This is a wine that everyone in the world has heard of.
And as such, there is a lot to say on such a grape. We shall be just performing a small overview today.
Arguably the most popular of all white varieties, Chardonnay is certainly spread the widest.
Chardonnay can be found in almost every single wine producing region in the world, from it's traditional home in Burgundy, France, to South Africa, Australia, Argentina, New Zealand and California.
Chardonnay is often a wine that is crafted both by the vineyard and by the winemaker themselves.
Often neutral in flavour, Chardonnay commonly goes through varying degrees of Oak maturation and sometimes full Oak barrel fermentation.
This grape is also a key component in producing sparkling wines with the most well-known example being Champagne.
Chardonnay can be incredibly versatile and often greatly express the terroir they are grown in, with warmer locations producing peach, melon, crisp citrus and sometimes tropical flavours, while cooler areas (sometimes within the same wine region or country) retain a noticeably higher acidity and often are avoiding much oak influence, focusing instead on light bodied expressions that exhibit fresh pear and apple characters.
Chardonnay's world domination has been a point of contention in recent years (especially the 1990's) with some producers ripping up unique, native varieties in favour of the more commercially viable Chardonnay.
This, in combination with some poor Oak-management decisions (Oak chips, too much reliance on new Oak barrels, etc.) by many producers during those years gave rise to the fashion of "ABC - Anything But Chardonnay" which swept across several countries, most notably the United Kingdom and the USA which had previously been some of the largest consumers of Chardonnay.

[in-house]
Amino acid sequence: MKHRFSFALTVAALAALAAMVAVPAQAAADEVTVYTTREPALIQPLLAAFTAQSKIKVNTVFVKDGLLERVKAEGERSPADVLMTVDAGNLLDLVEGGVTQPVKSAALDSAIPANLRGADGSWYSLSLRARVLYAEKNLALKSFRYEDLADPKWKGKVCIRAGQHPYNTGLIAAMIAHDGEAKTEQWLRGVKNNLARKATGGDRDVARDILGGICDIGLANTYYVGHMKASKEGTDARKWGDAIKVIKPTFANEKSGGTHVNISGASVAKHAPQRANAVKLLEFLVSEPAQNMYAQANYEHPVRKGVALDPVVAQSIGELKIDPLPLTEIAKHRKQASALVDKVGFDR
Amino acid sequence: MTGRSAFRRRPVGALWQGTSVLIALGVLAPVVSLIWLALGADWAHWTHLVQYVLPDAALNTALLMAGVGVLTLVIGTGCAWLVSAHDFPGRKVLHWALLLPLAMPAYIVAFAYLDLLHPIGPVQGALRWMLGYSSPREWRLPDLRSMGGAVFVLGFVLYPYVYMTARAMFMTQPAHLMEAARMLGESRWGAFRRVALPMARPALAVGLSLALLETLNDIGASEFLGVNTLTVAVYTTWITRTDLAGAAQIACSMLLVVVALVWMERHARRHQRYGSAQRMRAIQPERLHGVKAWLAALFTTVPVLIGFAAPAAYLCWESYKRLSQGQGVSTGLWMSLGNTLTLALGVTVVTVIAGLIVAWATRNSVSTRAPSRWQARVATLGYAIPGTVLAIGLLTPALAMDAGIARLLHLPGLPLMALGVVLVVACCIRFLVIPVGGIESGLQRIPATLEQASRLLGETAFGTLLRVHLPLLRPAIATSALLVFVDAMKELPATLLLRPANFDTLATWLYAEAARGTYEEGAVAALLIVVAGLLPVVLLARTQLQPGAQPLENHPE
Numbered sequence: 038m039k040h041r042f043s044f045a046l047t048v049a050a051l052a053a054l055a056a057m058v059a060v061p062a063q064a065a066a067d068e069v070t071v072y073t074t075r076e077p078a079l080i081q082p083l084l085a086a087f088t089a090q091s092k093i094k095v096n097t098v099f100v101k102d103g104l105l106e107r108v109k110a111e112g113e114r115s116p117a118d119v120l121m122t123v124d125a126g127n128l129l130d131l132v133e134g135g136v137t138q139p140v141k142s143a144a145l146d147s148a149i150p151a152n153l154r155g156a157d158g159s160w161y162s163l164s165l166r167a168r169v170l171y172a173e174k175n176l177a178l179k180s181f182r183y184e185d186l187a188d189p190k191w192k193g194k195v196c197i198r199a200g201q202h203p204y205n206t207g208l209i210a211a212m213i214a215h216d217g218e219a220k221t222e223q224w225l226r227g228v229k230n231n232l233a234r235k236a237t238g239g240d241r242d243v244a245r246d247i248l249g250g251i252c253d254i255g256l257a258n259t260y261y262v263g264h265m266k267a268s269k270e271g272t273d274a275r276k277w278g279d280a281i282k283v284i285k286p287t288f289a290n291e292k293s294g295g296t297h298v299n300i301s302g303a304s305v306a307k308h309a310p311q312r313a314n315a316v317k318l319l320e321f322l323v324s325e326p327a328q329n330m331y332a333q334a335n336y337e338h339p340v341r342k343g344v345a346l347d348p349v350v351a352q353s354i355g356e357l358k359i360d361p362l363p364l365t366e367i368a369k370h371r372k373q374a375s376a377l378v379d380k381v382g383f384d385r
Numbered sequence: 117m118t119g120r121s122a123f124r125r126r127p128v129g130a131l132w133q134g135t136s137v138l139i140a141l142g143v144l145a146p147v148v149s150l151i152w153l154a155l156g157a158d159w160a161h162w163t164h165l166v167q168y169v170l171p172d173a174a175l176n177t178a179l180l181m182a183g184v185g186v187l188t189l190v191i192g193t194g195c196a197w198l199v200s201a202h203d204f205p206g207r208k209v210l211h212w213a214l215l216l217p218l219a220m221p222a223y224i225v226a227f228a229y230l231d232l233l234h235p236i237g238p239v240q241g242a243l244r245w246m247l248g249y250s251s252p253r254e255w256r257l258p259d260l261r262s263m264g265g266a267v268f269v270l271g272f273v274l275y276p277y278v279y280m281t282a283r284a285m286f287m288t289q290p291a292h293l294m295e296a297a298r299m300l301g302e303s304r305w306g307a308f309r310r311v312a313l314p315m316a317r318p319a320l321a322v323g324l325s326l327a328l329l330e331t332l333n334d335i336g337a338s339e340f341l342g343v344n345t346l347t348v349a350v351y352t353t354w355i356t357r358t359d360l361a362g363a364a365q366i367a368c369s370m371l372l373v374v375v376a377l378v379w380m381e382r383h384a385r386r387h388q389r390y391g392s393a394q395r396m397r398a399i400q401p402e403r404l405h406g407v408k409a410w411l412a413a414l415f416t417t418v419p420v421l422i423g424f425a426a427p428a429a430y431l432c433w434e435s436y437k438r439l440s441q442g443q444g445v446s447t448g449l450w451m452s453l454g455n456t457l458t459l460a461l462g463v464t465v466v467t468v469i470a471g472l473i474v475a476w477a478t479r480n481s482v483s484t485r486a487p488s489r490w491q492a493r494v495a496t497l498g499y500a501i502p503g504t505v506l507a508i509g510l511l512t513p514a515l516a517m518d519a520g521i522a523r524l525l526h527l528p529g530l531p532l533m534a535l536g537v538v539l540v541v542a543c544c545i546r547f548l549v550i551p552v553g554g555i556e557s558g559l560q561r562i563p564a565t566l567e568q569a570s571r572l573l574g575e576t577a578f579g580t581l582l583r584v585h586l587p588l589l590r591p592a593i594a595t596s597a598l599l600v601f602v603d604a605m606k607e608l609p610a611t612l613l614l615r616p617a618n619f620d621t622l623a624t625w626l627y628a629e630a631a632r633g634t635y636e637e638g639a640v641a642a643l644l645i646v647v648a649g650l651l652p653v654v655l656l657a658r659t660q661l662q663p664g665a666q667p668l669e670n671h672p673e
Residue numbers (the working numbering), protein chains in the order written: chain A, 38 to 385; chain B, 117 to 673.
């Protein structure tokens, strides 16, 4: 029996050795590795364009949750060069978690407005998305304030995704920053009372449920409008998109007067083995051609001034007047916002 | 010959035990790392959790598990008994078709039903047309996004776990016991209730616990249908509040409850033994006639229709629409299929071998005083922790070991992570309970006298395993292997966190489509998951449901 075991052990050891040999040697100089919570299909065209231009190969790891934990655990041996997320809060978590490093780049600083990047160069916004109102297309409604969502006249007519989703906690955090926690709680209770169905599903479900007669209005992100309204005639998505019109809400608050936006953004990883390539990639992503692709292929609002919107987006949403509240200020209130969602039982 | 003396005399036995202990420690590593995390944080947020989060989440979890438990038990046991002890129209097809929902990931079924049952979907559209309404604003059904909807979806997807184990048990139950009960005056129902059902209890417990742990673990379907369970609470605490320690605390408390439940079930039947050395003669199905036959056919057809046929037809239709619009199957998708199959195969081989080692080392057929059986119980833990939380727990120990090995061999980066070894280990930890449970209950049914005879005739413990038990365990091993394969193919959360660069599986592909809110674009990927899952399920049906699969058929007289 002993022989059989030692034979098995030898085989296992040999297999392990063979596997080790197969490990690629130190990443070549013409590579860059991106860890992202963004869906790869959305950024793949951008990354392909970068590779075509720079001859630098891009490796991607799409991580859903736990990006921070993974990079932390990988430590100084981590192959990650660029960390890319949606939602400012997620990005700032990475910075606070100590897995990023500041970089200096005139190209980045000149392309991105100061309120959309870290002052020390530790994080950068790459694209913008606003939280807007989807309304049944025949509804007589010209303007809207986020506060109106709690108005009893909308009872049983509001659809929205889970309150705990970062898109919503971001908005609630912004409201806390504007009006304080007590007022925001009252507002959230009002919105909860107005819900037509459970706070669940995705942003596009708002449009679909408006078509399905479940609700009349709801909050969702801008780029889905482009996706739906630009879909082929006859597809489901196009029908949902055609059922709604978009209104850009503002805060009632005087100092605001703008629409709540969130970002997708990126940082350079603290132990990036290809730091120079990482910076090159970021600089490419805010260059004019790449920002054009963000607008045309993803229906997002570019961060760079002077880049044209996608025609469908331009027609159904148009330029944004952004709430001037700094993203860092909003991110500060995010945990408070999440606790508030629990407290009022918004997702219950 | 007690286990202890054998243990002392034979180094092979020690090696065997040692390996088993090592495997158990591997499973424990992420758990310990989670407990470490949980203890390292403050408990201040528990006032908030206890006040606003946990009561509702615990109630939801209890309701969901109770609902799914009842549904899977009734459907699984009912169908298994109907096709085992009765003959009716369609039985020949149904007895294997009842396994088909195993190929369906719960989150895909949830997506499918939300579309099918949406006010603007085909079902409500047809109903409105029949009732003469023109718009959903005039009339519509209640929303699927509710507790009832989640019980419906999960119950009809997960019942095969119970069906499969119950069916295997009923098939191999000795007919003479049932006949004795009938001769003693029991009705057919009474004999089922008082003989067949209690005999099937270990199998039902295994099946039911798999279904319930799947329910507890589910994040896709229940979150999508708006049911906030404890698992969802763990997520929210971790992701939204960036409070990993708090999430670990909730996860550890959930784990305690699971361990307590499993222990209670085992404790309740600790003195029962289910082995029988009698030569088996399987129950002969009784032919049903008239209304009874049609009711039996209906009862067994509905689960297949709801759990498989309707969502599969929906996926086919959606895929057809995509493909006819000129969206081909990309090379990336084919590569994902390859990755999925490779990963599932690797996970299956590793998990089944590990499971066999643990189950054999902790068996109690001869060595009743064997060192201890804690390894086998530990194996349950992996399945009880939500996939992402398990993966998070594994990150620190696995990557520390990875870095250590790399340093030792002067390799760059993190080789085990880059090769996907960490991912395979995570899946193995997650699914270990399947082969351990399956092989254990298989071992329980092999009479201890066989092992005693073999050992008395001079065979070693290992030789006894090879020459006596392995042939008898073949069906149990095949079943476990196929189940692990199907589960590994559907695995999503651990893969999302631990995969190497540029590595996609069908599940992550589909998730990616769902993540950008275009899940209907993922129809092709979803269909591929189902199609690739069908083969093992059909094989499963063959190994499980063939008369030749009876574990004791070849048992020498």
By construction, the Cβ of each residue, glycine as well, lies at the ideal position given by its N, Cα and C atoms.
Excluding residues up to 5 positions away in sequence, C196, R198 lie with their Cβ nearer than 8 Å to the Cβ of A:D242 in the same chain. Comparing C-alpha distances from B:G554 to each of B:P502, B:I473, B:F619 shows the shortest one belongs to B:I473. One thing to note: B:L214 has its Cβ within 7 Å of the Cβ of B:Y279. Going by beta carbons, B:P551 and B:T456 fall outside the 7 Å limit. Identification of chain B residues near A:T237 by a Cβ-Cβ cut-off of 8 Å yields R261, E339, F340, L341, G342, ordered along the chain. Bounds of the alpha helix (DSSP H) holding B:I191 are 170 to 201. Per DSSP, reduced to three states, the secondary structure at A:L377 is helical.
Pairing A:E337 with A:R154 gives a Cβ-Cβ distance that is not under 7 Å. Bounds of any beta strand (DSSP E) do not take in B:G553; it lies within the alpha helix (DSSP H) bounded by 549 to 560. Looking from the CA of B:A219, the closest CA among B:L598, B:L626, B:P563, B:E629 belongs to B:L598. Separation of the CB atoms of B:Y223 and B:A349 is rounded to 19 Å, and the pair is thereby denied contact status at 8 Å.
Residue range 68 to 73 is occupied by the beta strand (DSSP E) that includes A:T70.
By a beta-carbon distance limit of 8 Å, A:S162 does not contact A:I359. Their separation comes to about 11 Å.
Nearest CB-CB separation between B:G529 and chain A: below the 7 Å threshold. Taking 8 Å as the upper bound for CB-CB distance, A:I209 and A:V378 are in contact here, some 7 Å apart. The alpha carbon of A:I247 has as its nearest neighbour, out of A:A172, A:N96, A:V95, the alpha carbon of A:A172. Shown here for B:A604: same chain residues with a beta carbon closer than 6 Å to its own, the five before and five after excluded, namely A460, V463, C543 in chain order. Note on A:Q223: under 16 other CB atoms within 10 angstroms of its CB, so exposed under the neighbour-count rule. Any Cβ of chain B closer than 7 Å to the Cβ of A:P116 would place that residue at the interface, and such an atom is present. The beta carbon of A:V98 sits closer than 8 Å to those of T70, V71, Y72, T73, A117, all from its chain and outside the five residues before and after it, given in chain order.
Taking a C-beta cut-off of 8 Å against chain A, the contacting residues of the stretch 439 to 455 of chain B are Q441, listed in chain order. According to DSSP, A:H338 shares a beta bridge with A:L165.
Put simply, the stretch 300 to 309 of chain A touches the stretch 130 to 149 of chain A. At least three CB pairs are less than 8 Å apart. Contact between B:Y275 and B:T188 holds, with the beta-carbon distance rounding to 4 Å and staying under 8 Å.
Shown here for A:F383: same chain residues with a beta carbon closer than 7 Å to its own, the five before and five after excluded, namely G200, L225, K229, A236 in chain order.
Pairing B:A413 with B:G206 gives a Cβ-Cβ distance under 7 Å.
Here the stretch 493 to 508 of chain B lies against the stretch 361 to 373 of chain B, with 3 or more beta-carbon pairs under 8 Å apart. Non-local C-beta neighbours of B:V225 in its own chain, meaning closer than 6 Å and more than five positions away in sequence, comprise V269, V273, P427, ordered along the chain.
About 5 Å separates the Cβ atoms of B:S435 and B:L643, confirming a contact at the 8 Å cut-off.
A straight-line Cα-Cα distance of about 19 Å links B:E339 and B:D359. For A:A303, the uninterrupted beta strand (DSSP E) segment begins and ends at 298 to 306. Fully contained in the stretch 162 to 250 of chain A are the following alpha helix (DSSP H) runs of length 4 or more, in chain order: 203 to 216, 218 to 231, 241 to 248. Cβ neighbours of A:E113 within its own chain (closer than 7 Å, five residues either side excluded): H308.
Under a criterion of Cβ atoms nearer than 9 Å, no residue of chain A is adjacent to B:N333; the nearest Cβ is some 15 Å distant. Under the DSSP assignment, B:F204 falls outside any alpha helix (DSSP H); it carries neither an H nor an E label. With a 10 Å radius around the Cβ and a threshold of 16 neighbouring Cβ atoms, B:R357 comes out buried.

Chardonnay's history for centuries lay shrouded in mystery, with many myths, legends and rumours leading to a conflicted view on where this variety truly originated.
DNA fingerprinting research performed by the University of California, Davis (UCD) has suggested that the variety is the offspring of the equally famous Pinot Noir and Gouais Blanc, a seldom grown variety that is the ancestor of many other varieties.
The Pinot Noir connection was long speculated by Viticulturists as Chardonnay and Pinot Noir are similar in several ways including that the leaves of both varieties are almost identical in shape and structure.
This one grape has accomplished many amazing feats, from being a vital part of several of France's most famous wines, uniting the world in hatred of certain style of itself (and by proxy opening the world up to alternate, new varieties), to being planted in almost every single wine producing country on Earth.
Some examples of Chardonnay
Chablis - Burgundy, France: Flinty, Un-oaked, Calcareous soil (Limestone)
Montrachet - Burgundy, France: Rich, Textured, Low production , Calcareous soil (Limestone)
Russian River Valley - Sonoma, USA: Pear - Peach, Rich, Retains acidity
Carneros - Napa, USA: High acidity, Little to no oak, Shallow soil (Clay)
Margaret River - Western Australia, Australia: Delicate, Minerality, Balanced, Mediterranean climate
Casablanca Valley - Chile: Crisp, Fresh, Medium oak involvement, Cool Mediterranean + Maritime influence
Whatever your thoughts on the versatile Chardonnay, the future of this wine lies with us, the wine-consuming public to ensure that how ever large it's market share may be, the producers of Chardonnay world-wide must focus on quality and should not repeat the mistakes of the past.